Flinthook Review

Flinthook is a rather brilliant little game, full of quirk and charm that stays fresh for the whole experience. The formula here is simple, but presents the player with hours of fun, take 1 masked space pirate, add a grappling hook and randomised dungeons and voila, you have Flinthook. The developers have put a lot of love and effort into this little beauty and it shows.

The story in Flinthook is simple, but enjoyable. The main character, Captain Flinthook searches space for ships to steal treasure from and occasionally even take down a pirate captain or 2. There really isn’t much more to the plot than this, but perhaps keeping the story so simple allowed the team to work on the other areas of the game. Still even if a bit simple and straight forward, a story about pirates and treasure is always fun, especially more so when its set in space.

Gameplay in Flinthook is amazingly tight and fun. The player traverses his way through randomized dungeons in the form of pirate ships, along the way dodging traps, fighting hordes of pirates and finding ancient relics as he tries to find the end goal of each ship, the biggest chest. Finding the big chest ends the level and gives the player a ghost gem, which after collecting several of, opens the path to the pirate captain for that set of levels. You are given access to a few tools in Flinthook, some more useful than others, but all handy in their own way.

The player gains access to a few handy tools like bombs or invincibility helmets but the 3 most important tools the player has access to are Chrono Belt, Plasma Gun and the Grappling Hook. The plasma gun is the players main method of fighting the enemies, it can be aimed in most directions with a few restraints, but players can unlock a free aim upgrade that allows full 360 aiming. The gun is admittedly weak and doesn’t shoot very far, but these attributes can be upgraded as well. The chrono belt allows the player to slow down time, this serves 2 purposes, the first being that it gives the player more time to plan out actions and the second is that some obstacles simply aren’t passable unless you do slow down time, giving you a window to get past. The time slowing ability is limited, but recharges quickly enough that it never seems to be a bother.

The most important tool in your aresenal is the grappling hook. This tool plays the biggest part in gameplay as it is used to traverse through rooms, through puzzles and even to pull shielding off enemies. The controls for the hook are tight and its fun to just zip about through maps by hooking onto things and flying around. It almost feels like playing a 2d Spiderman in this regard. This is where most of the fun and enjoyment comes from in Flinthook. Its easy just to lose yourself swinging around the levels like a loon, enjoyment which is only found because the controls here have been worked on to perfection.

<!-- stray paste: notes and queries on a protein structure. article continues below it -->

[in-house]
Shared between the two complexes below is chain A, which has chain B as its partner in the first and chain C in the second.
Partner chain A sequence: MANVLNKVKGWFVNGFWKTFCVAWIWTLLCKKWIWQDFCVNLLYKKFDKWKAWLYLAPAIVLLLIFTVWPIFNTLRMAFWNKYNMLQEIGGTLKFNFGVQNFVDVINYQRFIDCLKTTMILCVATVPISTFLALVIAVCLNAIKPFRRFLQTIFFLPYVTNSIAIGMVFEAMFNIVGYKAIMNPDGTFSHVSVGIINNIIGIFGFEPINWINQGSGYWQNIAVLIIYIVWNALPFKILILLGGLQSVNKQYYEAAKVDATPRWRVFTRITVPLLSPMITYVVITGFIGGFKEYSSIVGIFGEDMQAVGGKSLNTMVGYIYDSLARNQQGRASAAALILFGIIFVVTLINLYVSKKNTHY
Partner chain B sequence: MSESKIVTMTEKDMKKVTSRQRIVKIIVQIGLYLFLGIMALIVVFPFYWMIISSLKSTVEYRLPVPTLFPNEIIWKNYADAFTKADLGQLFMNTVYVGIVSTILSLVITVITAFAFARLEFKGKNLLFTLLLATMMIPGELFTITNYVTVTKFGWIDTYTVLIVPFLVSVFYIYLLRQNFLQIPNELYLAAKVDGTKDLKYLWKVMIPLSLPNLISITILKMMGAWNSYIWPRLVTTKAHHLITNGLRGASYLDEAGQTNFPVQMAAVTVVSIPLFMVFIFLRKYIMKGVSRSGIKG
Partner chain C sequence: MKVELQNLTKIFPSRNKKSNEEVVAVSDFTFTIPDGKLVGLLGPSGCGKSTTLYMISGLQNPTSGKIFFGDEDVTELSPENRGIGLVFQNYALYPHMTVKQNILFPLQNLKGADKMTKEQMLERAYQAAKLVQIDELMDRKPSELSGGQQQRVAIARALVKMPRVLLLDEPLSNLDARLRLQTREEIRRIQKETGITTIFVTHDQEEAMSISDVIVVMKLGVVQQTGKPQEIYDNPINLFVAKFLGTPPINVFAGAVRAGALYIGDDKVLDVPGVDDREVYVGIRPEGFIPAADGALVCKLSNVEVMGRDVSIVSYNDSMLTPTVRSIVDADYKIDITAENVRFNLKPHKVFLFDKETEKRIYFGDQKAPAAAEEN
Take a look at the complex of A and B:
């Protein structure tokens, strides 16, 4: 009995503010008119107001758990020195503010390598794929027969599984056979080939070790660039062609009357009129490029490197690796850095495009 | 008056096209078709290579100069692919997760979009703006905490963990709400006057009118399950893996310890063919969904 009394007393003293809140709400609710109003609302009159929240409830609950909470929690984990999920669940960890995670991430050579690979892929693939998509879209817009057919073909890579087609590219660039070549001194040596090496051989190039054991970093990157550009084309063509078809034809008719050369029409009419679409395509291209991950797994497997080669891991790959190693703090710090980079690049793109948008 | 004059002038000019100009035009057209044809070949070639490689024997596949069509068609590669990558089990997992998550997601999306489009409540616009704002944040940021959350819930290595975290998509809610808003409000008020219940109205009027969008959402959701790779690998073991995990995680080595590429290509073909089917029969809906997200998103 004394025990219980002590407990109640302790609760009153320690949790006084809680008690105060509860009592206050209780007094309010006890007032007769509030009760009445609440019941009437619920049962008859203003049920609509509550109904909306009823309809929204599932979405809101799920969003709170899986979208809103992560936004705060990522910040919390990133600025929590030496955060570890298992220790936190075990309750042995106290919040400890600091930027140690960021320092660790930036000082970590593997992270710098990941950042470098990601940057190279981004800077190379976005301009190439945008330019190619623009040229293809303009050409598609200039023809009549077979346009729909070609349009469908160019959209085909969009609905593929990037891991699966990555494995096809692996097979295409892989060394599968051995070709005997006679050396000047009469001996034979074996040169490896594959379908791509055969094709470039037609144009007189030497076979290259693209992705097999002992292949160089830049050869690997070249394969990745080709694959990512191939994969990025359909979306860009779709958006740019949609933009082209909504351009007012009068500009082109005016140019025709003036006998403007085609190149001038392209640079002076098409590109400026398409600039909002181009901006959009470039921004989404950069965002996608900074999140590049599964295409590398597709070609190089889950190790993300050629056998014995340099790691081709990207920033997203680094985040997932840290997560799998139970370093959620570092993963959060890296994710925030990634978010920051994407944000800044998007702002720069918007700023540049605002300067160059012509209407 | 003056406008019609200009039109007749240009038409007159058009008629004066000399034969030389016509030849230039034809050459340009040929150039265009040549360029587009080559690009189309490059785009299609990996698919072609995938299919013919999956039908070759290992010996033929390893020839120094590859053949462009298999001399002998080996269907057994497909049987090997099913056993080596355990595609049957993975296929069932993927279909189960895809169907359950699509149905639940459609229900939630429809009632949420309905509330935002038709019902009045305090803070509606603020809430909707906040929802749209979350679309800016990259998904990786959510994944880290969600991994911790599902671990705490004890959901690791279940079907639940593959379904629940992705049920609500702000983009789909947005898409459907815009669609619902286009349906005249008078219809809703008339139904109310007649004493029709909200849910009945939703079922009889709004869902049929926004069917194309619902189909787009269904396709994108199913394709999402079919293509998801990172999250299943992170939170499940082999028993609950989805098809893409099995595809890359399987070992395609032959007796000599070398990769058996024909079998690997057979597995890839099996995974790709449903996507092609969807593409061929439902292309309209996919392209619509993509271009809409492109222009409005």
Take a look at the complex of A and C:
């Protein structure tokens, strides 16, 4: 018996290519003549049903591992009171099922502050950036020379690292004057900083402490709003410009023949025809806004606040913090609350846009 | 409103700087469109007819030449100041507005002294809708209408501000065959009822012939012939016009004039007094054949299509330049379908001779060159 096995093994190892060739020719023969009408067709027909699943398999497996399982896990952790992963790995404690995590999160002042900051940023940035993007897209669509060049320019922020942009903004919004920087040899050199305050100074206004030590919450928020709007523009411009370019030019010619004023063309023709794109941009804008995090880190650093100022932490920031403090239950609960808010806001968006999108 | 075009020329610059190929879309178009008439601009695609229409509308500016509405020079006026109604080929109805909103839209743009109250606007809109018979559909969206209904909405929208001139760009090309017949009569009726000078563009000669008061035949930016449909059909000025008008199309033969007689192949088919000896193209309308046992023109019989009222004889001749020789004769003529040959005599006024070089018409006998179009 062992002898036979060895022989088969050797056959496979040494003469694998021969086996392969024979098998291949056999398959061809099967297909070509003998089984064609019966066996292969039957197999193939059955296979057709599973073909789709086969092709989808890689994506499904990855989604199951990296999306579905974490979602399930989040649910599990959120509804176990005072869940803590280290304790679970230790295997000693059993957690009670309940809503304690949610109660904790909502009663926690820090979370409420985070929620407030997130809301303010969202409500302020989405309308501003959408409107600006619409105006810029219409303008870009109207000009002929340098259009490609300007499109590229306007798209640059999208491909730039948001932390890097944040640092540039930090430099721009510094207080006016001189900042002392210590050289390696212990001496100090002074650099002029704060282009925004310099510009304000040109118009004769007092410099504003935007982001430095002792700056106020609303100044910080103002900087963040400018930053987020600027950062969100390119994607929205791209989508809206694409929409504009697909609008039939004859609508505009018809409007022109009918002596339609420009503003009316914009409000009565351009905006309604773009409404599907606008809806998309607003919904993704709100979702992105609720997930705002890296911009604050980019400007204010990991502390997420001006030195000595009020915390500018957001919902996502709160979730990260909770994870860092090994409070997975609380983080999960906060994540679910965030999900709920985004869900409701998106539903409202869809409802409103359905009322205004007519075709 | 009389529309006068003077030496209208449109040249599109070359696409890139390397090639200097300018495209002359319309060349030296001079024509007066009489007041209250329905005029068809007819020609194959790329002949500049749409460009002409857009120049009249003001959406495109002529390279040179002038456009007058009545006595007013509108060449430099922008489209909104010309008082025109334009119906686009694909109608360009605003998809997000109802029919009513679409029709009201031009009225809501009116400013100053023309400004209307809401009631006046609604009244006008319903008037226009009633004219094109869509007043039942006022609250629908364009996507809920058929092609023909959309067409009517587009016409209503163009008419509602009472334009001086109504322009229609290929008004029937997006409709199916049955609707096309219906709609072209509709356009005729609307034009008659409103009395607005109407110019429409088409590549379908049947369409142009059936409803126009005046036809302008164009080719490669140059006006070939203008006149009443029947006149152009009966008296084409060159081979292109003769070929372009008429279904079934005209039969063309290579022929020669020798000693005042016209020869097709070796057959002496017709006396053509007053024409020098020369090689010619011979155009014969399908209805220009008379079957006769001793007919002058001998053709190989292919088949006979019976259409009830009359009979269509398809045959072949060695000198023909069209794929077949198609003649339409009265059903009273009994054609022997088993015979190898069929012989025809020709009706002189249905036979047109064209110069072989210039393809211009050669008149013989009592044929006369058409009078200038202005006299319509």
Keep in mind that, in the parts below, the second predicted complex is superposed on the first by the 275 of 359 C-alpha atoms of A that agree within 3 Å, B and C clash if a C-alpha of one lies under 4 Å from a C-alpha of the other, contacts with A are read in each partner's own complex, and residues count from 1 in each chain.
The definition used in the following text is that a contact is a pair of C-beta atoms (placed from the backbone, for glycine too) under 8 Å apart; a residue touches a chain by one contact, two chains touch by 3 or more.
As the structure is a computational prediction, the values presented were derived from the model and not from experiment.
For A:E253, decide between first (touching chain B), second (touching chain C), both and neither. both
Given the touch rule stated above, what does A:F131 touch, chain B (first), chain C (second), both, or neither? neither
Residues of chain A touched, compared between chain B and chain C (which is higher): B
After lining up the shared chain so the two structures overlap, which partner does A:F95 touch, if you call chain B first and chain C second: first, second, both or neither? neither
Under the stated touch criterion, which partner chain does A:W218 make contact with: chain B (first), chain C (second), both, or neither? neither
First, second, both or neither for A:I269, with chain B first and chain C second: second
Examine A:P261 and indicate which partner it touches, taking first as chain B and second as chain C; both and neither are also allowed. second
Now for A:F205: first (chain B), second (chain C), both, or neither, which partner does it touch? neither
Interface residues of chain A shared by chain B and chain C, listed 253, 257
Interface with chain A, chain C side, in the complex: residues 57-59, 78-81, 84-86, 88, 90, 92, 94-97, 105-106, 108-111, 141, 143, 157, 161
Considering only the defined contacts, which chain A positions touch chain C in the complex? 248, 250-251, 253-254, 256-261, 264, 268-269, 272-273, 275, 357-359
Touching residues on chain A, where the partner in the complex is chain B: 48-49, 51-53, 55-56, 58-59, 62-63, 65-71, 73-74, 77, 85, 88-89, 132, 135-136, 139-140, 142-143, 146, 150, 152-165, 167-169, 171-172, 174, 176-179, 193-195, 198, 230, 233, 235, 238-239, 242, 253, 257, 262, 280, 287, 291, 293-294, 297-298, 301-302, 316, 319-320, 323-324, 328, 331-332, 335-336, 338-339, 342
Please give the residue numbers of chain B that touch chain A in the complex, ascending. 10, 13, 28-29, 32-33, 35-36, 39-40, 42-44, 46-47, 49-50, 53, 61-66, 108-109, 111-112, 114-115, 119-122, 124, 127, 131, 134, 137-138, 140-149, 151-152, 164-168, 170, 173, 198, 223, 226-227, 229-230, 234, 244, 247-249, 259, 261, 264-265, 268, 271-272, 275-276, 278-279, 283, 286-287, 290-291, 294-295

Treasure collecting, one of the main points of the game, benefits you in several ways. Aside from giving you funds to purchase temporary power ups (that last for the entirety of a boss run or till death) its also counts towards your experience, meaning you collecting more will help you level quicker. There’s also special treasure that is only spendable at the black market. The black market is where the player can buy equipable perks and permanent upgrades. Equipable perks may be things like extra hp, or more damage resistance, while permanent upgrades give you things like increased experience. There’s also relics and lore hidden as treasure in the levels so there’s a ton of collectables here.

Upon levelling up a few levels Flinthook also grants players access to daily and weekly challenges, these serve as a fun little chance to gain additional experience and treasure, but can be deceptively hard for the unprepared. These challenges are a fun little extra that help extend the gameplay quite a bit.

The soundtrack in Flinthook is wonderfully catchy, each track stayed with me long after having turned off the game. Although I cant help but wonder if this was because they were so good, or simply because there didn’t seem to be a whole variety on show. Still I suppose quality over quantity is something to think about.

Flinthook features some amazing pixel art. Each character and enemy is full of life and the backgrounds and environments are really pretty (which feels odd to say about a game filled with ugly space pirates) Spritework in indie games is usually hit or miss, most developers using it to be lazy, but that’s not the case at all here, the sprites are vibrant and anime smoothly.

My only real gripes here are the lack of enemy variety and lack of new gameplay features. After a short time with the game you’ve seen everything there is, with the exception of the bosses. A few additional enemy types would have been nice, but with everything else being so good in Flinthook its easy enough to forgive.

I cant recommend this game enough, solid gameplay, beautiful visuals and an amazing soundtrack all come together to make a stunning game. There’s a lot of love behind this project.

Note: This review was based on a PC digital copy provided by the publisher.

Flinthook Review
Tight controls
Fun soundtrack
Constant sense of progression
Lack of enemy variety
All abilities at start mean nothing new to unlock